If you are using older Gradle 4.5.x or earlier which does not have native support for JUnit5, to actually run the tests you will need to add the junit5-gradle-consumer plugin to your build script. Please see the plugin's documentation for details.

If you are using Gradle 4.6 or later, JUnit5 support is built-in; all you need to enable it is to insert this into your build.gradle file:

test {

or build.gradle.kts:

tasks.withType<Test> {

(more on Gradle's JUnit5 support here: Gradle JUnit5 support)

If you want to run JUnit5 tests along the DynaTest tests as well, you can run both DynaTest test engine along with JUnit5 Jupiter engine (which will only run JUnit5 tests and will ignore DynaTest tests):

dependencies {

DynaTest Guide

DynaTest is composed of just 6 methods (and 0 annotations).

Calling the test("name") { test body } function creates a new test and schedules it to be run by JUnit5 core. Example:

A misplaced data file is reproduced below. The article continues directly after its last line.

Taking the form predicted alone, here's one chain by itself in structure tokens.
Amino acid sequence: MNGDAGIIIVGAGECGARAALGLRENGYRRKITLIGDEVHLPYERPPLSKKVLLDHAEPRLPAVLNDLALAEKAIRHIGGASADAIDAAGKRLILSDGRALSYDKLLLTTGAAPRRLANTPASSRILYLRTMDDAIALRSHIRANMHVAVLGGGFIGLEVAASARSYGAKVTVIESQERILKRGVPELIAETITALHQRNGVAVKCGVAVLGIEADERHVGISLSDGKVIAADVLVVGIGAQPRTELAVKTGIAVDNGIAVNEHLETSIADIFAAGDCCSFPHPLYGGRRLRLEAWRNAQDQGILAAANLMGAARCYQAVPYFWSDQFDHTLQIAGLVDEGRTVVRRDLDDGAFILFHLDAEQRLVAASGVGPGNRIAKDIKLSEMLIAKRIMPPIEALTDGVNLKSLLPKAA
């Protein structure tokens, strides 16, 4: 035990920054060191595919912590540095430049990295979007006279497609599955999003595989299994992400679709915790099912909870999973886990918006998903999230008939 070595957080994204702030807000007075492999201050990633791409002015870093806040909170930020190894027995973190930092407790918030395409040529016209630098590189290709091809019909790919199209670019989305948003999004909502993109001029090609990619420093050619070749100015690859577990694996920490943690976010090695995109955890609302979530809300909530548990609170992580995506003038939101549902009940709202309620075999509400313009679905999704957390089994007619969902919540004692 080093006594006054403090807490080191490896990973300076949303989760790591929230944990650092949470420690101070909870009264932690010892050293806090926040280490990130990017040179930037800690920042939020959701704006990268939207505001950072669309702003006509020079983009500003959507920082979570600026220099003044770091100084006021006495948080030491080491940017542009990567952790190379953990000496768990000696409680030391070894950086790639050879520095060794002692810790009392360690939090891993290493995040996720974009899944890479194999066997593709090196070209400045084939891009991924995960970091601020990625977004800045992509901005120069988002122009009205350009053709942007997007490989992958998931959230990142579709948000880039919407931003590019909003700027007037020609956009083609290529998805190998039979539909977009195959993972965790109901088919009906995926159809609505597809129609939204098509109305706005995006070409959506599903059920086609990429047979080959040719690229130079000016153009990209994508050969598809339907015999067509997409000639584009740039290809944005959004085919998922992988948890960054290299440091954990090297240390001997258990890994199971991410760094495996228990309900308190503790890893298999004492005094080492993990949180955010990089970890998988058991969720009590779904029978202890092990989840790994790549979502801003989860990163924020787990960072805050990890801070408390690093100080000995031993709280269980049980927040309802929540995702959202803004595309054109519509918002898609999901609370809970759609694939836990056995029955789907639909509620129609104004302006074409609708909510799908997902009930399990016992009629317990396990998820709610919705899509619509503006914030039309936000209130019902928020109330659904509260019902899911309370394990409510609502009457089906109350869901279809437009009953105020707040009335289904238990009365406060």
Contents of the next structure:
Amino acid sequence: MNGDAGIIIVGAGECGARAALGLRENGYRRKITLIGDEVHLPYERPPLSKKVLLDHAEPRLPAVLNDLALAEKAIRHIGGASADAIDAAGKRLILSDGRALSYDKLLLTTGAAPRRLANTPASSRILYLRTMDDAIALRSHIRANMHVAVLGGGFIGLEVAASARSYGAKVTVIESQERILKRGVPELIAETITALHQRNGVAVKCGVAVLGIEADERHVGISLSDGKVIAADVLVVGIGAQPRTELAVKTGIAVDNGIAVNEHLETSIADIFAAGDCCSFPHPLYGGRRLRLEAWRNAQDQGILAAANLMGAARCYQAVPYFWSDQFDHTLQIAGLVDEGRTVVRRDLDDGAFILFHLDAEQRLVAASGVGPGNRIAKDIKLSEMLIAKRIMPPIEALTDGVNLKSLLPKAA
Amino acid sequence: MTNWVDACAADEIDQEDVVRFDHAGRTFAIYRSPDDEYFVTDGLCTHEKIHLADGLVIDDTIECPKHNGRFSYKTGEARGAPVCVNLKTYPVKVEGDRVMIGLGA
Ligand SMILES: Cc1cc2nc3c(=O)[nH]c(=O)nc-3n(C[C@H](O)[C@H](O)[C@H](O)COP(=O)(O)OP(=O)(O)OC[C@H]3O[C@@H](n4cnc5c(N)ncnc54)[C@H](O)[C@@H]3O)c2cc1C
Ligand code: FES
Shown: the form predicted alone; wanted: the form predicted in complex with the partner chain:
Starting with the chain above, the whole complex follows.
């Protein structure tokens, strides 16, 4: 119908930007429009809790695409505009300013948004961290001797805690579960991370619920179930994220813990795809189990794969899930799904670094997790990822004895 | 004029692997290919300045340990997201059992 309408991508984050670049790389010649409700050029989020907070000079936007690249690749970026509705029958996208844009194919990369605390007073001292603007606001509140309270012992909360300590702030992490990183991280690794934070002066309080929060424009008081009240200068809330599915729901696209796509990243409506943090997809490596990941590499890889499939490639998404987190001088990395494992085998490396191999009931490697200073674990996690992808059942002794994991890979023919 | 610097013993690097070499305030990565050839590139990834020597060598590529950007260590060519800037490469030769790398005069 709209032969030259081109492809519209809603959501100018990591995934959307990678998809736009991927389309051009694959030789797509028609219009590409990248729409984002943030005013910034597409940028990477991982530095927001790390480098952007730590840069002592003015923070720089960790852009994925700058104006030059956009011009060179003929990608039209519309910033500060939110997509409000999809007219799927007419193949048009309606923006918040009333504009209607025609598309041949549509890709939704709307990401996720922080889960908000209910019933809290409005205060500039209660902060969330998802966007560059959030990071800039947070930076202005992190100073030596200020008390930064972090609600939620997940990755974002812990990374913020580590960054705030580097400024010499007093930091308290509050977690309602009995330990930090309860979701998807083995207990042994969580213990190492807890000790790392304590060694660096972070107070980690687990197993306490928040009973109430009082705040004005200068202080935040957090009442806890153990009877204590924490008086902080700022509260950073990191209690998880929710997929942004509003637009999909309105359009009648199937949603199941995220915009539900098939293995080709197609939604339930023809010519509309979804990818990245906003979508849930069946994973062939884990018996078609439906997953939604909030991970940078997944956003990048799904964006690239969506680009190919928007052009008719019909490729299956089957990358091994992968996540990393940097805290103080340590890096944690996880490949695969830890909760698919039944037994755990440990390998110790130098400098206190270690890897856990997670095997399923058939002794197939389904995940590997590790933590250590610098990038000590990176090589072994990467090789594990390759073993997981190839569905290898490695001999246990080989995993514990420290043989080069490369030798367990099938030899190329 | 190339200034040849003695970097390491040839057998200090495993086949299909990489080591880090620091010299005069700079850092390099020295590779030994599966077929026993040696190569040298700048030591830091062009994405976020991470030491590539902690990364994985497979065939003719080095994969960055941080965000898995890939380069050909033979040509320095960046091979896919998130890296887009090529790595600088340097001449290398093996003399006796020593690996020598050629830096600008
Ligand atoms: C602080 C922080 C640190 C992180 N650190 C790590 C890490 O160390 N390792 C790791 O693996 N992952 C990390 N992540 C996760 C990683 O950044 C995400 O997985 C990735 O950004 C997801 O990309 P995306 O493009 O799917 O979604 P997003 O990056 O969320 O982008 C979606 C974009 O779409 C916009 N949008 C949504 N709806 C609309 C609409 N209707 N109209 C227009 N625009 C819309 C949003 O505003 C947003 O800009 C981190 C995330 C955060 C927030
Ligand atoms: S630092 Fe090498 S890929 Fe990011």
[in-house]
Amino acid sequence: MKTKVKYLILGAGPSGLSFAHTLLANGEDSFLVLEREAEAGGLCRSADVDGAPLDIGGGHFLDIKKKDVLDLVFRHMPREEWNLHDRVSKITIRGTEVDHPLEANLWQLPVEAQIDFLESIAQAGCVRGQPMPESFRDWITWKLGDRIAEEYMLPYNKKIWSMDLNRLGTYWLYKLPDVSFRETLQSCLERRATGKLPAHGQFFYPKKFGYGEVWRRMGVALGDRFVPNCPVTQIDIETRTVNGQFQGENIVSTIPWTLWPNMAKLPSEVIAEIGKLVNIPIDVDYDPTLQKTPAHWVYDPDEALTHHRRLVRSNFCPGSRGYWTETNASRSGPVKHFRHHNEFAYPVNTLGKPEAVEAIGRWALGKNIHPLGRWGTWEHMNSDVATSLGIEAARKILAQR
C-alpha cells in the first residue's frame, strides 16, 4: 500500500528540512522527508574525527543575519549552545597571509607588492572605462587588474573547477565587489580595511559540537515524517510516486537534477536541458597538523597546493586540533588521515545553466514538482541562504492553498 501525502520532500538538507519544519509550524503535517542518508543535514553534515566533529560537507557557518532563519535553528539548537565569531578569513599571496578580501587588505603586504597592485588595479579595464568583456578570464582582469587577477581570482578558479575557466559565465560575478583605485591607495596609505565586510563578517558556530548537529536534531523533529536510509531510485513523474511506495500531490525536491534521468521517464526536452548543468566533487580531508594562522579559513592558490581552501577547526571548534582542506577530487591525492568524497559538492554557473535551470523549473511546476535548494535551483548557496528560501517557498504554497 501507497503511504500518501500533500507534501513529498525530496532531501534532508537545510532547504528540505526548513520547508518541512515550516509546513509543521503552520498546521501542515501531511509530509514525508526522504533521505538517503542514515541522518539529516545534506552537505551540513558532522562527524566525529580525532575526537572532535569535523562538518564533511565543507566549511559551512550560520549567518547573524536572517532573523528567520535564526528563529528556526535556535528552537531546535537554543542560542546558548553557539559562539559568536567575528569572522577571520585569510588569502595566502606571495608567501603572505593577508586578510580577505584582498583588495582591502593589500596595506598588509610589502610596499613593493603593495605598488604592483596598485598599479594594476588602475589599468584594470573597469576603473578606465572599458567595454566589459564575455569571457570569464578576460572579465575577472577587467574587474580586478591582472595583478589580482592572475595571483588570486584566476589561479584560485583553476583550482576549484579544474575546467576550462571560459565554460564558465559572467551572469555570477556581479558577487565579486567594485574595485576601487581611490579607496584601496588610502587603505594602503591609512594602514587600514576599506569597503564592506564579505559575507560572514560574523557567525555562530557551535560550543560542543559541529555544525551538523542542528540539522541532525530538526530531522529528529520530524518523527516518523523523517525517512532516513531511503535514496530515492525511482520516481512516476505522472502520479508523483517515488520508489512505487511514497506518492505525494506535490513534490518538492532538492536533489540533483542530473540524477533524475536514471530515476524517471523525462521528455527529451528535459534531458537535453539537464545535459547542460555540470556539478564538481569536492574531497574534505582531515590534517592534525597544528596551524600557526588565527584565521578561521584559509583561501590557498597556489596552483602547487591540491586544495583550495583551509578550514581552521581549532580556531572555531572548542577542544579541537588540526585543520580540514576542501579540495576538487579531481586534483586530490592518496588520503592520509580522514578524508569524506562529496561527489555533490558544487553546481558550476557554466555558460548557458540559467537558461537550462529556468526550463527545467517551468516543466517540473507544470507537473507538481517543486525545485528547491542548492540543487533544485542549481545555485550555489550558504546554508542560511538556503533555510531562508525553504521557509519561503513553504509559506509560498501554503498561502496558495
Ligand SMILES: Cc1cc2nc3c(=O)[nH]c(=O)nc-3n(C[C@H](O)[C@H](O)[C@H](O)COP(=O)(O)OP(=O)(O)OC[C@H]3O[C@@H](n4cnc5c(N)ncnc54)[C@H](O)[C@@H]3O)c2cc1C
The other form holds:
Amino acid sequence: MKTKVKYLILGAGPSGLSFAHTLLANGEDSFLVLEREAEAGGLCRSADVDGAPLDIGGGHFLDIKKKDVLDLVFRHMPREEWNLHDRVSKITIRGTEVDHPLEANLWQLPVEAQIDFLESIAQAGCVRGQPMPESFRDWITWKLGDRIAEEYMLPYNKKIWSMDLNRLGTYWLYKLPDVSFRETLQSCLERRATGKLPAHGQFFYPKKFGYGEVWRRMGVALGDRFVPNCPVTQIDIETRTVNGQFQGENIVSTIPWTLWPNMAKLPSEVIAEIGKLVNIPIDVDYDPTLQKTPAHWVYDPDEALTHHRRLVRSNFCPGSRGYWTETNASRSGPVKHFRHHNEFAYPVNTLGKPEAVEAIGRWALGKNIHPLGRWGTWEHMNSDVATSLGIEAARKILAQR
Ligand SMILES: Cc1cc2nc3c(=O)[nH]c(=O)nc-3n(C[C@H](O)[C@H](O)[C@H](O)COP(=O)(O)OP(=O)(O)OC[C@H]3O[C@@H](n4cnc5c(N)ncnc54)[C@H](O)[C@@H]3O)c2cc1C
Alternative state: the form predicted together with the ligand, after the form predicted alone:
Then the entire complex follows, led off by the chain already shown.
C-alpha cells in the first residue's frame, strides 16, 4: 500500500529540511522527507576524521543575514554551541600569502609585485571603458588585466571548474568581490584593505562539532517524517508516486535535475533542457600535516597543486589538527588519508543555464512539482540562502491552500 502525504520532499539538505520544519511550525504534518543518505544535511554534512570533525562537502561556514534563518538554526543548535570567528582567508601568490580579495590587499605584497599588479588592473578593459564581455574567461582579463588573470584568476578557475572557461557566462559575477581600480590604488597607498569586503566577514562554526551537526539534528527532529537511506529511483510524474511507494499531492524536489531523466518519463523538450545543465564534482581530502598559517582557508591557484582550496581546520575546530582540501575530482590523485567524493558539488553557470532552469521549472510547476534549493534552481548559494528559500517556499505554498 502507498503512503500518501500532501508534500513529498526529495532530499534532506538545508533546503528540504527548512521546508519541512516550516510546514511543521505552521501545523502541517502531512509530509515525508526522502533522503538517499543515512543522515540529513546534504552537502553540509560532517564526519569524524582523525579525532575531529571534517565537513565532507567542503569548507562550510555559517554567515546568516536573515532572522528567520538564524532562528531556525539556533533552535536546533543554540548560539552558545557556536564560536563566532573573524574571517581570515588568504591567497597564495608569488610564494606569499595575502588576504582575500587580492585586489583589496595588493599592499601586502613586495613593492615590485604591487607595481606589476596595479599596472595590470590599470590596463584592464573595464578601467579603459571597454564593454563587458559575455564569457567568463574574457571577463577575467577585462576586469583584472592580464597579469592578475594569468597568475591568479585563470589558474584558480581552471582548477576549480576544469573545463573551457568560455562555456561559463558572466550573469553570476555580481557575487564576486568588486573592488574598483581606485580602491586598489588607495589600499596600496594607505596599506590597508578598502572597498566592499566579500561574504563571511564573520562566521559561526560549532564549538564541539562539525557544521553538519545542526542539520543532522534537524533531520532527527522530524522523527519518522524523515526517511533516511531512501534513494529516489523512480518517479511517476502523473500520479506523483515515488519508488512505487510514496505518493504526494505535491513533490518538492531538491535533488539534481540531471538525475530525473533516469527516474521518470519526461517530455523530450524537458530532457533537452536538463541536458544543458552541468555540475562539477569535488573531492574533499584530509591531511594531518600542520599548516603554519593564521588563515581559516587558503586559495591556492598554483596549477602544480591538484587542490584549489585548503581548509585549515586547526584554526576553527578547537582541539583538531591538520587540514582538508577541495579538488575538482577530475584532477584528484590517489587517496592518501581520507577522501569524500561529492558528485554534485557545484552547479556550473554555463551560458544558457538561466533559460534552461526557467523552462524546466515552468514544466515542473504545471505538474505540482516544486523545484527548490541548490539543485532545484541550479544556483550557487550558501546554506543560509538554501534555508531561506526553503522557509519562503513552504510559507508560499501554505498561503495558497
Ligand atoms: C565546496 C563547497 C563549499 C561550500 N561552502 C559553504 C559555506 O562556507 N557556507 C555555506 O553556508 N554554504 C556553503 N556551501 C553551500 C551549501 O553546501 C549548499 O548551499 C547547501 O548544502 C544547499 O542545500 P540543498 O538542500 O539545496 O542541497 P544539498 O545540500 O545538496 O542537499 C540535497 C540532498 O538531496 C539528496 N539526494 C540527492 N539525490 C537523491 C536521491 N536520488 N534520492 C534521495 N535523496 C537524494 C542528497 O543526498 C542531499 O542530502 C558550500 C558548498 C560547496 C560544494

class MyTest : DynaTest({
  test("'save' button saves data") {
    expect(1) { Person.findAll().size }

Calling the group("name") { register more groups and tests } function creates a test group and allows you to define tests (or more groups) inside of it. By itself the group does nothing more than nesting tests in your IDE output when you run tests; however it becomes very powerful with the lifecycle methods beforeGroup/afterGroup. Example:

class MyTest : DynaTest({
  group("String.length tests") {
    test("Empty string has zero length") { 
      expect(0) { "".length }